The best heavy metal chelator: rise ... for sentencing.
In light of these troubling findings, the issue of elimination of heavy metals via chelating-binding agents has also become a prime clinical, therapeutic, and economic topic. Chelators of all makes and shapes--herbal, mineral, nutritional, algae type, megadose vitamin C infusions, drugs (DMSA, DMPS, EDTA), and others, or combinations thereof--have been proposed as solutions. Even homeopathic formulas have been put together to join the race. Most of these are prompted to health practitioners and directly to "the customer"--the public--for a "do it yourself job." Recently, I came across another marketed "natural" chelator, a hybrid of several agents, joining the "choir" as yet another treatment allegedly superior to the rest. This treatment even was "proven," so states the inventor, through nothing less than a clinical double-bind placebo controlled study! Considering the fine print in the text indicating that "most" of the substances were double-blinded and also noting that the study was not scrutinized by a peer-review journal leaves room for doubts, especially considering overall concerns about chelation self-treatments, in the extensive experience of this author.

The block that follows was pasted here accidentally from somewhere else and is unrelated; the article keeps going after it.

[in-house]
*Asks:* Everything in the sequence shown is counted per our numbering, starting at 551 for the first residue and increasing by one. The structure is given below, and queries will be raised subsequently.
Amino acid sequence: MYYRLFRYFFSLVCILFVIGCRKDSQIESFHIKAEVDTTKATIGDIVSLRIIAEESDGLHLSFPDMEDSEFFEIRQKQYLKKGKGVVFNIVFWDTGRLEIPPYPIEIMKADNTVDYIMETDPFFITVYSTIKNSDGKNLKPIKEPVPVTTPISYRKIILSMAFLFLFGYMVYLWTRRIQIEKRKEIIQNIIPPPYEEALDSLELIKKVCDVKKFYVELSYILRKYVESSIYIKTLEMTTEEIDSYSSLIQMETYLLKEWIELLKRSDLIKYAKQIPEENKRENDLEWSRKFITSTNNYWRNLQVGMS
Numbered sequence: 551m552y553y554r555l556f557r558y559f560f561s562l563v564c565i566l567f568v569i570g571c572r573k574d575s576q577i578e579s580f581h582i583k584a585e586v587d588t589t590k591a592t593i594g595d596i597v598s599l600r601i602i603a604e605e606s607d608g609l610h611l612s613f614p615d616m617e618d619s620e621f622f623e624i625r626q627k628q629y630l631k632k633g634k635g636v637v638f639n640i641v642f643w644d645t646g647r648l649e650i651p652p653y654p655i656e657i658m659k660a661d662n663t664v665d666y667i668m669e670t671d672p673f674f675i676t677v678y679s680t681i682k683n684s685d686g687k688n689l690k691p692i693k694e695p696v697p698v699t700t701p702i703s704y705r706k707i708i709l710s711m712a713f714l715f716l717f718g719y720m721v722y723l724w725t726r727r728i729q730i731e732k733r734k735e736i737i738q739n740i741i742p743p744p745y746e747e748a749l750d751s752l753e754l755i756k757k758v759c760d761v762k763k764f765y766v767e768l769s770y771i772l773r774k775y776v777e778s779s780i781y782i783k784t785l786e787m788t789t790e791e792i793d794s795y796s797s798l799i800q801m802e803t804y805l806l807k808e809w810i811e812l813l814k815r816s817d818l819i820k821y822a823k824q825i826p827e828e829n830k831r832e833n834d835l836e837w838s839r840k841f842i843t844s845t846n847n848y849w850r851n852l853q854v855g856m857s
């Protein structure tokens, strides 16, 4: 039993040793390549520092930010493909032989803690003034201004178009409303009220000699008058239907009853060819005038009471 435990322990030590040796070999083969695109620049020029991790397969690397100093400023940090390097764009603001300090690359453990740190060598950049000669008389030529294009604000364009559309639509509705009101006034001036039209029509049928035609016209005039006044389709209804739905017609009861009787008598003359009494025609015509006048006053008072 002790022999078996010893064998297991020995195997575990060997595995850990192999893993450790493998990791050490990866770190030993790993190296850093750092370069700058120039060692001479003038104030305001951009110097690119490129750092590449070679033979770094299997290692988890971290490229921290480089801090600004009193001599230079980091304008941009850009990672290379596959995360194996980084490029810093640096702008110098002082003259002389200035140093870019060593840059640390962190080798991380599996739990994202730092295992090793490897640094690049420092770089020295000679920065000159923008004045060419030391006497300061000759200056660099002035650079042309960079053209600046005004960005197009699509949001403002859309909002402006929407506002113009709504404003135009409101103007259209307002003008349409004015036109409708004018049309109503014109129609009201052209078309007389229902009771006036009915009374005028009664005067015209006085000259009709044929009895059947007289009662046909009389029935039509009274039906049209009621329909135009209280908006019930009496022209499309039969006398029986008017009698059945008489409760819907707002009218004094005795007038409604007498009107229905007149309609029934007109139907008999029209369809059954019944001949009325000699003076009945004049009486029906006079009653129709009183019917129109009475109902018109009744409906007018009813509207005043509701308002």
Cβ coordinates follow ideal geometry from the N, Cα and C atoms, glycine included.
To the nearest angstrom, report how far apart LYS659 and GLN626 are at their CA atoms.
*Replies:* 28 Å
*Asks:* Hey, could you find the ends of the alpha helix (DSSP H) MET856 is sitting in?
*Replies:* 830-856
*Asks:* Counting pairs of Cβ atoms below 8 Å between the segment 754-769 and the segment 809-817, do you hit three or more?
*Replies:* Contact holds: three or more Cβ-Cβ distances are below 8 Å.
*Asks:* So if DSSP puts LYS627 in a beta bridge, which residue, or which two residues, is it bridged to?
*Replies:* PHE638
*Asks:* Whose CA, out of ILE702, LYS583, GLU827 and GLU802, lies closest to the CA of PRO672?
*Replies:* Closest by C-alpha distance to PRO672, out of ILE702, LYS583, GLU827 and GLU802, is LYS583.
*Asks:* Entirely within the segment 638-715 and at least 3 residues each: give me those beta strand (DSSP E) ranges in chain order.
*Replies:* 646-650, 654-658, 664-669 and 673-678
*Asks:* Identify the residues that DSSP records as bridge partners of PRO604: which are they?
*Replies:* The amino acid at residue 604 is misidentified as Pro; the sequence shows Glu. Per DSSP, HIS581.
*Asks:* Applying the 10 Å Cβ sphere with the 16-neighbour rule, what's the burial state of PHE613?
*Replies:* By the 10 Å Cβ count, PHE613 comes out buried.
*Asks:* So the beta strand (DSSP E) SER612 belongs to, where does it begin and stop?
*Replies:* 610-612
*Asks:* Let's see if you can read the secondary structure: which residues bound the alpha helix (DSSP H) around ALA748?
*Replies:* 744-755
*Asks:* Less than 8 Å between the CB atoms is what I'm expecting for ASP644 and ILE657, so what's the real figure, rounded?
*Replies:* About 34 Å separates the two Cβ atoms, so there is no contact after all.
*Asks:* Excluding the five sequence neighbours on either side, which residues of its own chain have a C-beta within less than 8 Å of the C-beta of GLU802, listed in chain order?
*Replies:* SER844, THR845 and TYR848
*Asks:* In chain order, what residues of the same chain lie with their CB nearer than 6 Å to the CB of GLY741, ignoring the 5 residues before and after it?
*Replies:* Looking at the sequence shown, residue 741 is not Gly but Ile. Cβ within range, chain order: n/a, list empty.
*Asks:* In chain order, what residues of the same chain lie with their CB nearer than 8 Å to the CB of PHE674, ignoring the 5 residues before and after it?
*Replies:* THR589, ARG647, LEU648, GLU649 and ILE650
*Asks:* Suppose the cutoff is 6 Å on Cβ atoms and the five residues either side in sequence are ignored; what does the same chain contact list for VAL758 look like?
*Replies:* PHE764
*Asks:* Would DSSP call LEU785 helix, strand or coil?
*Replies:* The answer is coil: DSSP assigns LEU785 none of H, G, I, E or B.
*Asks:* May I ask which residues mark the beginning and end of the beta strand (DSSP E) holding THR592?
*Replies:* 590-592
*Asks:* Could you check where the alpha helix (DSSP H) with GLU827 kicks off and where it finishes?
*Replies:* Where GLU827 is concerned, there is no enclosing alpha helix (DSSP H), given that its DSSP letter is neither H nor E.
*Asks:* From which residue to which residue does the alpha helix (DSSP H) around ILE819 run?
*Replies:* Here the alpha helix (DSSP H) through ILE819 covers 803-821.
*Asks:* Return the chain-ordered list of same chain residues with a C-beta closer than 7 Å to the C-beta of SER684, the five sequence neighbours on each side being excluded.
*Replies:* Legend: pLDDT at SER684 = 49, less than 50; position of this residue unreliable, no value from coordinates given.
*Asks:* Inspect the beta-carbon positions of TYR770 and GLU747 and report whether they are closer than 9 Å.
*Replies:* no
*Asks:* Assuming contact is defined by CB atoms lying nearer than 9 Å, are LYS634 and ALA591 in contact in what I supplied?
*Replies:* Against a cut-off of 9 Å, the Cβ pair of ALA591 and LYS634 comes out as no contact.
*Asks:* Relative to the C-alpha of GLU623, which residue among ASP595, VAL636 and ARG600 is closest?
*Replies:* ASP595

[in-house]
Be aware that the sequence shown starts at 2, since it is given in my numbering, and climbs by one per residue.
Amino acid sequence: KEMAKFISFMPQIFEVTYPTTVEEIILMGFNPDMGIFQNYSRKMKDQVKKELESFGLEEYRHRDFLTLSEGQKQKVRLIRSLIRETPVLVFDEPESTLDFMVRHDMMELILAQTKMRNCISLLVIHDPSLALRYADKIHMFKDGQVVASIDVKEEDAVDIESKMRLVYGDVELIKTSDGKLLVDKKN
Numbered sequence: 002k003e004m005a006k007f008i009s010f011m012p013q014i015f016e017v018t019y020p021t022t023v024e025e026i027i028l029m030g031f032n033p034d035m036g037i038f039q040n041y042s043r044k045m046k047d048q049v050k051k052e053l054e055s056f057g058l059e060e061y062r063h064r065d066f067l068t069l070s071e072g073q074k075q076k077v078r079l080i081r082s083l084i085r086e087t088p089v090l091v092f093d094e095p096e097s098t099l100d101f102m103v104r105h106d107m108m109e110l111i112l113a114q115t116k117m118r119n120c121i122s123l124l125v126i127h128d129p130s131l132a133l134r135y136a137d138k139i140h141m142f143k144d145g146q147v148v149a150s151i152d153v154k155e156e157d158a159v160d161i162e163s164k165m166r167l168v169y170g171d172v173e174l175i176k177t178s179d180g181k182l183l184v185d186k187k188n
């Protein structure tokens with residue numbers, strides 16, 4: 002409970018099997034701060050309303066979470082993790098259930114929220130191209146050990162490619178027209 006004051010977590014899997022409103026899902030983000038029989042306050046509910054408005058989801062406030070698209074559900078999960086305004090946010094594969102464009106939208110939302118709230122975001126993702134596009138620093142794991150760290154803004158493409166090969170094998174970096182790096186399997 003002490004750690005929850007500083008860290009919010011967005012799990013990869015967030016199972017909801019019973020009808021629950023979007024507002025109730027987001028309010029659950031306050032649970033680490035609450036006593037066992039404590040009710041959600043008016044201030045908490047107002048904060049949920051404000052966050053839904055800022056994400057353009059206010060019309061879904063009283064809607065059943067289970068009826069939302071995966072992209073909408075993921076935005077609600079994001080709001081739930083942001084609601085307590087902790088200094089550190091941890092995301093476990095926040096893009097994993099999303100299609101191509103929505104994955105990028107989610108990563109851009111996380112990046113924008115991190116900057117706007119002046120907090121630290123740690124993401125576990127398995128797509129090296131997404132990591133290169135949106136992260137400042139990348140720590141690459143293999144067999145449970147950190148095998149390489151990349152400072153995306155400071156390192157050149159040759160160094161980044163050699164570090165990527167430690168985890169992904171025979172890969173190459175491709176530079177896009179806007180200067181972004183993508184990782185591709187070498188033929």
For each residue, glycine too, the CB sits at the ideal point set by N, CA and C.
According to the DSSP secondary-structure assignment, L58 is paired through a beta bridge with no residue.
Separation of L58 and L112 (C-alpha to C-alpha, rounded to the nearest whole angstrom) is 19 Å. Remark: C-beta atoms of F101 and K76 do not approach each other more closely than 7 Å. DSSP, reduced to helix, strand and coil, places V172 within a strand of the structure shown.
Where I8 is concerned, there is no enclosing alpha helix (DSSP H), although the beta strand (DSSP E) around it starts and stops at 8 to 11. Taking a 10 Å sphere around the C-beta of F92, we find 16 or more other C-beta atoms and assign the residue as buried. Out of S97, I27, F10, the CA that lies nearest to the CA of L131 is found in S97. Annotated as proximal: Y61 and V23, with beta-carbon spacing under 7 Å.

If one plays "devil's advocate" first and anticipates all possible and legitimate reasons on the part of the chelation premise, one can certainly view the idea itself of using toxin-binding agents as quite plausible. Yet a counter question arises: is the mere presence of therapeutic plausibility sufficient? If that's the case, then by the prevailing tenets of scientific deductive reasoning and rules, other examples from medical practice concerning a plausibility issue cannot conflict with the phenomenon. However, quite commonly, just the opposite has been observed. Here are just a few examples: chemotherapy for cancers; anti-inflammatory and immunosuppressive agents for autoimmune and inflammatory diseases; antibiotics against chronic Lyme disease; or childhood vaccines for preventative purposes. On the surface, all enjoy a truly sound premise. Yet, what has often occurred in reality has been that the treatments themselves have produced a far greater morbidity than the conditions they attempted to remedy or prevent. So, from this illustration, one is compelled to conclude that the plausibility factor alone, albeit necessary, is unfortunately insufficient.